If you’re used to seeing your team in person every day, you’ve become accustomed to gauging their wellbeing just by popping into their office or having a quick chat in the break room. You’ve probably implemented ways to prevent burn out and lift your employees’ spirits in the office – whether that be in the form of an exercise room, free snacks and beverages, or companywide trips to bars and restaurants. But challenges can arise when your team shifts to working remote. The need to ensure your staff’s wellbeing is of upmost importance at this time, and how you acquire this information will now change. Here are some tips on ways to check in with staff and to boost their morale while they are working remote:

  1. Schedule regular one-on-one check ins 

Once a week, schedule a virtual check in with each member of your staff using video chat. This may not be as casual as having a brief chat in the break room, but perhaps these times call for a different level of engagement. Ensure their work from home environment is safe and productive. Ask them how their work on a day-to-day basis seems – are they confused about what’s expected of them? Are they distracted by current events? Are they maintaining their health? Perhaps they’re afraid to approach you and admit that working from home has been difficult for them, or that they’re having trouble focusing. Keep an open mind and encourage communication so that these concerns can be addressed before they cause an issue.

2. Be considerate of changing schedules 

No matter the reason for the switch from in-office to remote, try to be considerate of a change in schedule for your employee. Maybe they take their lunch earlier or later, need to run out to pick up their child from school at 3pm, or can’t get online until 10am some days. If they are meeting basic guidelines you’ve put in place and are completing their work in a timely manner, tracking them from 9am-5pm isn’t effective. Studies show that remote employees need more frequent breaks, so keep in mind that if they don’t answer and email right away they’ve probably stepped away for 10 minutes to regroup.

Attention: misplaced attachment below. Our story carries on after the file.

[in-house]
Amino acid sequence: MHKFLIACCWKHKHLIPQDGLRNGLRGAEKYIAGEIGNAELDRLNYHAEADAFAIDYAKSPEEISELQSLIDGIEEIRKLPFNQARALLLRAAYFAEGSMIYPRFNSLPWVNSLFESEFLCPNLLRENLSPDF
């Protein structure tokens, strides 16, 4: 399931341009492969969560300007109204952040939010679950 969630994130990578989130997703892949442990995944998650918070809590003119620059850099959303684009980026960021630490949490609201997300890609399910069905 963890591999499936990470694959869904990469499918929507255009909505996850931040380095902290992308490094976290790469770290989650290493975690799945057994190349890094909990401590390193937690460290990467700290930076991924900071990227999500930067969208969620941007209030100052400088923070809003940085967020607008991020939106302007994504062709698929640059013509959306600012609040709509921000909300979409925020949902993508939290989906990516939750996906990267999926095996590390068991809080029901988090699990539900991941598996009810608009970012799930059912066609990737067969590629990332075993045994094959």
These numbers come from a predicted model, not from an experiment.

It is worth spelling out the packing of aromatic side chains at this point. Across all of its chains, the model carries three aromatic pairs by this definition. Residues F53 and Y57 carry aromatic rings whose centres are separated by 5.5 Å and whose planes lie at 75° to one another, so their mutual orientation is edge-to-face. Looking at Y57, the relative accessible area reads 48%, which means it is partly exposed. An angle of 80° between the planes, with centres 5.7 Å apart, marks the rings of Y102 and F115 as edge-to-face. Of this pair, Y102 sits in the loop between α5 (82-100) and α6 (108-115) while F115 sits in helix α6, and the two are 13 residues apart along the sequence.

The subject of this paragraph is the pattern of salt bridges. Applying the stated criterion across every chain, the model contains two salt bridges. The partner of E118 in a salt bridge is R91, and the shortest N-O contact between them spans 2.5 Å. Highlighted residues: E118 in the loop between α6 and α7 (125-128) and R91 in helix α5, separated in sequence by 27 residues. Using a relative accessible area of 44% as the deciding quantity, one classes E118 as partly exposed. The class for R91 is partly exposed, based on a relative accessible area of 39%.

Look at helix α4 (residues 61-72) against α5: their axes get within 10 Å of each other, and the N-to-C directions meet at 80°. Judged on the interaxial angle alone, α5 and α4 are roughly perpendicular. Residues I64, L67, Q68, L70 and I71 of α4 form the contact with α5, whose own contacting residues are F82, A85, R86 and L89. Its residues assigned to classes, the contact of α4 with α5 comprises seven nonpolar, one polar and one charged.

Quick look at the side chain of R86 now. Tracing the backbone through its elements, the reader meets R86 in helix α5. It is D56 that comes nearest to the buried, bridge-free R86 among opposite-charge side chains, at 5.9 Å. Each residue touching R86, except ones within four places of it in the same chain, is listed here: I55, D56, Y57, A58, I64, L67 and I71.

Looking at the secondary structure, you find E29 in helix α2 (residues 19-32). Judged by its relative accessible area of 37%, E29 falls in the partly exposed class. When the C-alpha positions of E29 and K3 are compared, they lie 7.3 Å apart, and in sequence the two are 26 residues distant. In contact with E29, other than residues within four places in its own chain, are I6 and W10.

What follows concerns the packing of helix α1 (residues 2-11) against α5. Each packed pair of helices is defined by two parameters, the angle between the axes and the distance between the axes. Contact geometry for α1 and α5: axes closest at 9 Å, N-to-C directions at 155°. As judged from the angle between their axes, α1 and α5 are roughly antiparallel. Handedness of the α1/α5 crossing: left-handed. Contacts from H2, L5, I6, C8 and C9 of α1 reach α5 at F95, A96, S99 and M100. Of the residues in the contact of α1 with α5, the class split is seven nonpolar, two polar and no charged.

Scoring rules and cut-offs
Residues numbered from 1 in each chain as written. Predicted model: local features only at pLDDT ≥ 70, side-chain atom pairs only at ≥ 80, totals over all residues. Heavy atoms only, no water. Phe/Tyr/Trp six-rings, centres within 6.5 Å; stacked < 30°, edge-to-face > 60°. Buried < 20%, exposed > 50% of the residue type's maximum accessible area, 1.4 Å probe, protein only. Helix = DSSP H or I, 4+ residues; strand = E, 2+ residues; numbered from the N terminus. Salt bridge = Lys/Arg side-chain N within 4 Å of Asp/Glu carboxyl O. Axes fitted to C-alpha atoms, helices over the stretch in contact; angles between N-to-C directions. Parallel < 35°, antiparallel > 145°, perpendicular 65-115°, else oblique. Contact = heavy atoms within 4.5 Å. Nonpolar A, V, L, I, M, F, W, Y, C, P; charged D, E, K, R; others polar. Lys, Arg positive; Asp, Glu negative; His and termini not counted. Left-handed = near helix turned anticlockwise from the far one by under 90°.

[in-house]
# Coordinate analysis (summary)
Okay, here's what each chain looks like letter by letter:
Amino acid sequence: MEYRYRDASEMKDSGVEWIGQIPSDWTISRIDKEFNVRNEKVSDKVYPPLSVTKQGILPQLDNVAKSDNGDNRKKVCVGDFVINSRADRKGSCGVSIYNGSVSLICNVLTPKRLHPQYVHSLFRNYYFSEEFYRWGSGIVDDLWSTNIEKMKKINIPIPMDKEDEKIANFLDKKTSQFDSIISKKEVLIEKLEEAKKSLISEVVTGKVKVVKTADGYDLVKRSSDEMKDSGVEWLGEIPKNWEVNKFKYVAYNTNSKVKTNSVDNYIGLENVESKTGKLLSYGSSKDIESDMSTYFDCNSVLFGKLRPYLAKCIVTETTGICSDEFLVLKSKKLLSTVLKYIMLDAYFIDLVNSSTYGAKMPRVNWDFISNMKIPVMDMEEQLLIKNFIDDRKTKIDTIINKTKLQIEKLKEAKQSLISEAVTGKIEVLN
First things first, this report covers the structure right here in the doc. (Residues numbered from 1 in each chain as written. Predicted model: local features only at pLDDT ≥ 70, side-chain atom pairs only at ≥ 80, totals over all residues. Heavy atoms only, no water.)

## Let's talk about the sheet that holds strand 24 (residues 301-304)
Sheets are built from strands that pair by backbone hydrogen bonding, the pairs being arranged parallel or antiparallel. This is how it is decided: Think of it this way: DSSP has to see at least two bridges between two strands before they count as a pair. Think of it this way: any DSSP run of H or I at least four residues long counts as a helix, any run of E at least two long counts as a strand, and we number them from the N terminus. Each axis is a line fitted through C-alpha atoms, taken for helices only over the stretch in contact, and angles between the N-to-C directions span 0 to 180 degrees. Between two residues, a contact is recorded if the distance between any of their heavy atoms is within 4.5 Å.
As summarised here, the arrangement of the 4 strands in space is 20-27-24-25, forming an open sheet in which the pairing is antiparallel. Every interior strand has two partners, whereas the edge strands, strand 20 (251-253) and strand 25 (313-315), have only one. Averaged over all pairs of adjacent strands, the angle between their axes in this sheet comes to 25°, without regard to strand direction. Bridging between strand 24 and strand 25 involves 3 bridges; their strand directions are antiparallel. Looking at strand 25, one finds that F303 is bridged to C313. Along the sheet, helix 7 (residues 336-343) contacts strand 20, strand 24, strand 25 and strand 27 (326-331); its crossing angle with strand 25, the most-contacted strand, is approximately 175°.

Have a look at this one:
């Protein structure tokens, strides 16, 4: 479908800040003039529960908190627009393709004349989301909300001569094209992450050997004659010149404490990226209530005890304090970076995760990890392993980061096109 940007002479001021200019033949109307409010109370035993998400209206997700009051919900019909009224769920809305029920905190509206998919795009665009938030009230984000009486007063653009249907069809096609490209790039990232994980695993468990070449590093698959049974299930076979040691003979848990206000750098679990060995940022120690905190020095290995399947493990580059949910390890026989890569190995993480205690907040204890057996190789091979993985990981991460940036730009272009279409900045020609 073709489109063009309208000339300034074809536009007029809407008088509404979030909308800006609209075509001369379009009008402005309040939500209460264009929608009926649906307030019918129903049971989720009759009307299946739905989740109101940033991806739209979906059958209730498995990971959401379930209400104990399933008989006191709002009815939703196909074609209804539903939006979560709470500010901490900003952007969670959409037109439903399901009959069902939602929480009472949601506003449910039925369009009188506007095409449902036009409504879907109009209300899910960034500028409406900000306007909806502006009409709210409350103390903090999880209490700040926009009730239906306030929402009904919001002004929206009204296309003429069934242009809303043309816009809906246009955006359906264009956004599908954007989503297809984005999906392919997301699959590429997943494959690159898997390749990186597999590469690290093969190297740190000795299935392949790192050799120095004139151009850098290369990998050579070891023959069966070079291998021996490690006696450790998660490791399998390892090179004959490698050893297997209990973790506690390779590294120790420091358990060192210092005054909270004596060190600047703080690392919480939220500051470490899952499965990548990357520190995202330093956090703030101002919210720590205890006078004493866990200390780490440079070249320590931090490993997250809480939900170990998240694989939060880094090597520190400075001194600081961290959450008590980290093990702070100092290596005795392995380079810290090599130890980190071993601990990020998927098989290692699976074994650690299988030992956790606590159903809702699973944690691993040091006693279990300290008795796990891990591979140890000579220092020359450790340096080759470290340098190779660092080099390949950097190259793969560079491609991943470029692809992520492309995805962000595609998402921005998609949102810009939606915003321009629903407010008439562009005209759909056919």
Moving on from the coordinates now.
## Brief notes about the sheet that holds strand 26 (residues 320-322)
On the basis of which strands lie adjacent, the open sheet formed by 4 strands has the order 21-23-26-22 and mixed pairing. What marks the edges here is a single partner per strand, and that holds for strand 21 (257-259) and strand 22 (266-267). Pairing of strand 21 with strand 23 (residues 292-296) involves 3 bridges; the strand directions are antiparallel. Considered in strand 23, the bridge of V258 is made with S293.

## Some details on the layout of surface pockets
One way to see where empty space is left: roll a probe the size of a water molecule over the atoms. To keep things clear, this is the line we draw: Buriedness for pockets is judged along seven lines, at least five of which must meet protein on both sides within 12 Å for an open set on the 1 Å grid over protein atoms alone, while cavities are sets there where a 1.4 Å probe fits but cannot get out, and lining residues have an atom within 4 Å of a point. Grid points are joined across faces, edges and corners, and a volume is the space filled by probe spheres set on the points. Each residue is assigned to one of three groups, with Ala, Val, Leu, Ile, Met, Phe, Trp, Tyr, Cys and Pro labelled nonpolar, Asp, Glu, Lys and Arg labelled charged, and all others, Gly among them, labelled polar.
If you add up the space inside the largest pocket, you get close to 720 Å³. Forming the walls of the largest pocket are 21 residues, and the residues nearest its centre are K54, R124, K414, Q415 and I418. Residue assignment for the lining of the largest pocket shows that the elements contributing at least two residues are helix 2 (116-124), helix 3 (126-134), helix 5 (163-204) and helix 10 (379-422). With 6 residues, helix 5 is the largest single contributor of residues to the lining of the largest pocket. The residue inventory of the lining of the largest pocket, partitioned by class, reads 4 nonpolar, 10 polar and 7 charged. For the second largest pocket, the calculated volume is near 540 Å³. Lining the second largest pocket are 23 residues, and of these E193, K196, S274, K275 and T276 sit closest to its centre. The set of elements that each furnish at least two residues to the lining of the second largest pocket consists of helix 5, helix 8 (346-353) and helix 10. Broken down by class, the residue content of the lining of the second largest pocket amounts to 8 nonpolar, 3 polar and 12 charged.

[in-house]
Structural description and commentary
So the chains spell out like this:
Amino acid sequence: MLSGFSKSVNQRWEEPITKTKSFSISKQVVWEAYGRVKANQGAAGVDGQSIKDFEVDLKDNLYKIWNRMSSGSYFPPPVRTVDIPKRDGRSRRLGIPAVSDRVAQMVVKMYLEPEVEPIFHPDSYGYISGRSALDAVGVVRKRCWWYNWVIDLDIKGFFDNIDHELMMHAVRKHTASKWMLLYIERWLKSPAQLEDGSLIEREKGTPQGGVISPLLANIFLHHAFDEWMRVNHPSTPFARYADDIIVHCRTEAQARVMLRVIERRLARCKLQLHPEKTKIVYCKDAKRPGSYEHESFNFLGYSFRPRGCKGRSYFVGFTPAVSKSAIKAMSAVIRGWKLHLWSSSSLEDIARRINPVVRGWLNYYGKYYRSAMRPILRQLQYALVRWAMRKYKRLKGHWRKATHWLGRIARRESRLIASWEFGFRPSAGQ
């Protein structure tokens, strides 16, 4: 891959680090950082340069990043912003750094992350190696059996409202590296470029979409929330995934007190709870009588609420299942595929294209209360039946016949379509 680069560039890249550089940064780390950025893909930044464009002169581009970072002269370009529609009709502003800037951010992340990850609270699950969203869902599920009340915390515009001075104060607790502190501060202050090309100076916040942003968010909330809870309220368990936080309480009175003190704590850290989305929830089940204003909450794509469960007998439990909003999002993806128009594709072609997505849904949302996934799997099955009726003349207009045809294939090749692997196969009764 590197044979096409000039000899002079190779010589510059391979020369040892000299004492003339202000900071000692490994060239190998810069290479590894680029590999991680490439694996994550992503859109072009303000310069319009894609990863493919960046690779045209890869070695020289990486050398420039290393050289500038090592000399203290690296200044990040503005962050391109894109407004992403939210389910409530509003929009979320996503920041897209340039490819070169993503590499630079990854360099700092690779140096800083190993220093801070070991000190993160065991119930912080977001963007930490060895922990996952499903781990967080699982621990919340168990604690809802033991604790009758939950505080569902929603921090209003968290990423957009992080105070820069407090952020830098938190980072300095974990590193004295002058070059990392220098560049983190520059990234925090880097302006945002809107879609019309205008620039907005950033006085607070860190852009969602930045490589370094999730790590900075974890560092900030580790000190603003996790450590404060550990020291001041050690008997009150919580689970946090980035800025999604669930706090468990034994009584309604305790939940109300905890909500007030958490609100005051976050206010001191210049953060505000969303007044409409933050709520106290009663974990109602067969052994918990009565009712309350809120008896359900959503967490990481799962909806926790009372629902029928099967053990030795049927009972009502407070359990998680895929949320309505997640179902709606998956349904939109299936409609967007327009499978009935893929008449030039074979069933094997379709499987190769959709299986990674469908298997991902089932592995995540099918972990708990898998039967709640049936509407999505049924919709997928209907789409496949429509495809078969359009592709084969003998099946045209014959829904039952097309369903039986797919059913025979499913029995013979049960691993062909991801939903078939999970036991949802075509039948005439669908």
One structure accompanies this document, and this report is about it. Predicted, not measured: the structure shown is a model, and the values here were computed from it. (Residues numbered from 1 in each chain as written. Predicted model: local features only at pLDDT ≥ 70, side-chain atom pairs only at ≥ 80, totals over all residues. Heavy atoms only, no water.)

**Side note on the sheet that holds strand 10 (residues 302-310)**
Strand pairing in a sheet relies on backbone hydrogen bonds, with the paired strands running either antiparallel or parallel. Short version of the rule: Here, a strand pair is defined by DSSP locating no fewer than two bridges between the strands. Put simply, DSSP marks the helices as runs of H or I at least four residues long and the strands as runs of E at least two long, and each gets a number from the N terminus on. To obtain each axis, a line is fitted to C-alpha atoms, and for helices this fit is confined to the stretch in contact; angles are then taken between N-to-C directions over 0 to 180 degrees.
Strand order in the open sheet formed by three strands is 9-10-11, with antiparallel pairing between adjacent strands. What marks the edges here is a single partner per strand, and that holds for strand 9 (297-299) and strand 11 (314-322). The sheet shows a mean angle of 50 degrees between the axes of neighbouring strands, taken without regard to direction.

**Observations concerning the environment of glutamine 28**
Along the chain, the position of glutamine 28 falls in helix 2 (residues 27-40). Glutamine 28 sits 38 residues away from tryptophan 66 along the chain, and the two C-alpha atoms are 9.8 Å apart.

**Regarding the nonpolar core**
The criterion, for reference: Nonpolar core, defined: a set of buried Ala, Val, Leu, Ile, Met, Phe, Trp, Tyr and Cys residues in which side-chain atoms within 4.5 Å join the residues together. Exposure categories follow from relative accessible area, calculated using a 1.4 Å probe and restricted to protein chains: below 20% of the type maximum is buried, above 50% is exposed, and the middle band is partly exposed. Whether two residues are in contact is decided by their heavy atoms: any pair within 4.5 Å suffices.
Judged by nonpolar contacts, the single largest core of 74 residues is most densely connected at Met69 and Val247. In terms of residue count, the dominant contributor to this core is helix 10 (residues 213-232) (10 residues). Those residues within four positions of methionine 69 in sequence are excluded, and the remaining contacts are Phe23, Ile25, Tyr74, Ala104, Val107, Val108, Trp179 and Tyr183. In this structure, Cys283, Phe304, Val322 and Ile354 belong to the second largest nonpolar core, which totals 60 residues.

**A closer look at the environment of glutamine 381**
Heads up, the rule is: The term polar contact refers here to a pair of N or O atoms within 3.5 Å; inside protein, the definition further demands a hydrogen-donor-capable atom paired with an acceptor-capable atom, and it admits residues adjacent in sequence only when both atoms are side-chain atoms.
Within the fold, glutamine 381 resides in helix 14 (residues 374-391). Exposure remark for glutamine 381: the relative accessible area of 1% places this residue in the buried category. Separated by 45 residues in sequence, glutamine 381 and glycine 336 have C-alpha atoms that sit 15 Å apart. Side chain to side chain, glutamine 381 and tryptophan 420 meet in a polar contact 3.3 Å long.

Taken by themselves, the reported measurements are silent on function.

3. Coordinate virtual coffee meetups or happy hours 

The fun stuff doesn’t need to end just because your team is at home! Schedule virtual coffee or happy hour meet ups to encourage socialization among your team that’s NOT work related – maybe you discuss current events, your families, hobbies, etc. The first couple of these can be a bit awkward if you’re not used to them, so have some topics of conversation or even a game in mind. Encourage everyone to take their turn sharing their answers or thoughts so that everyone can engage. 

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4. Encourage office “challenges” 

Does your team enjoy working out? Maybe they all watch a certain show, have a certain hobby, or love to cook? Create a challenge around one of these and push your team to participate and track their results. For example, if they’re exercise nuts, put in place a sit up or push up challenge. Love watching a certain show? Create a trivia game around it. Encouraging the team to participate in these challenges together boosts their sense of connection. 

5. Give them shout outs 

If your team as a whole or certain members are performing particularly well or going above and beyond, give them recognition. Utilize email, social media, and even your website or blog posts to write a brief thank you. Whether they express it to you or not, employees can’t help but feel a sense of pride and gratitude that their hard work has been recognized.  

Just because the work environment has changed, doesn’t mean we need to sacrifice workplace culture and well-being. Whether this is a temporary measure, or your staff has gone remote permanently, these tips can be easily applied and maintained. Regular communication and the implementation of fun activities will ensure your staff is just as satisfied as they were when they came into the office five days a week.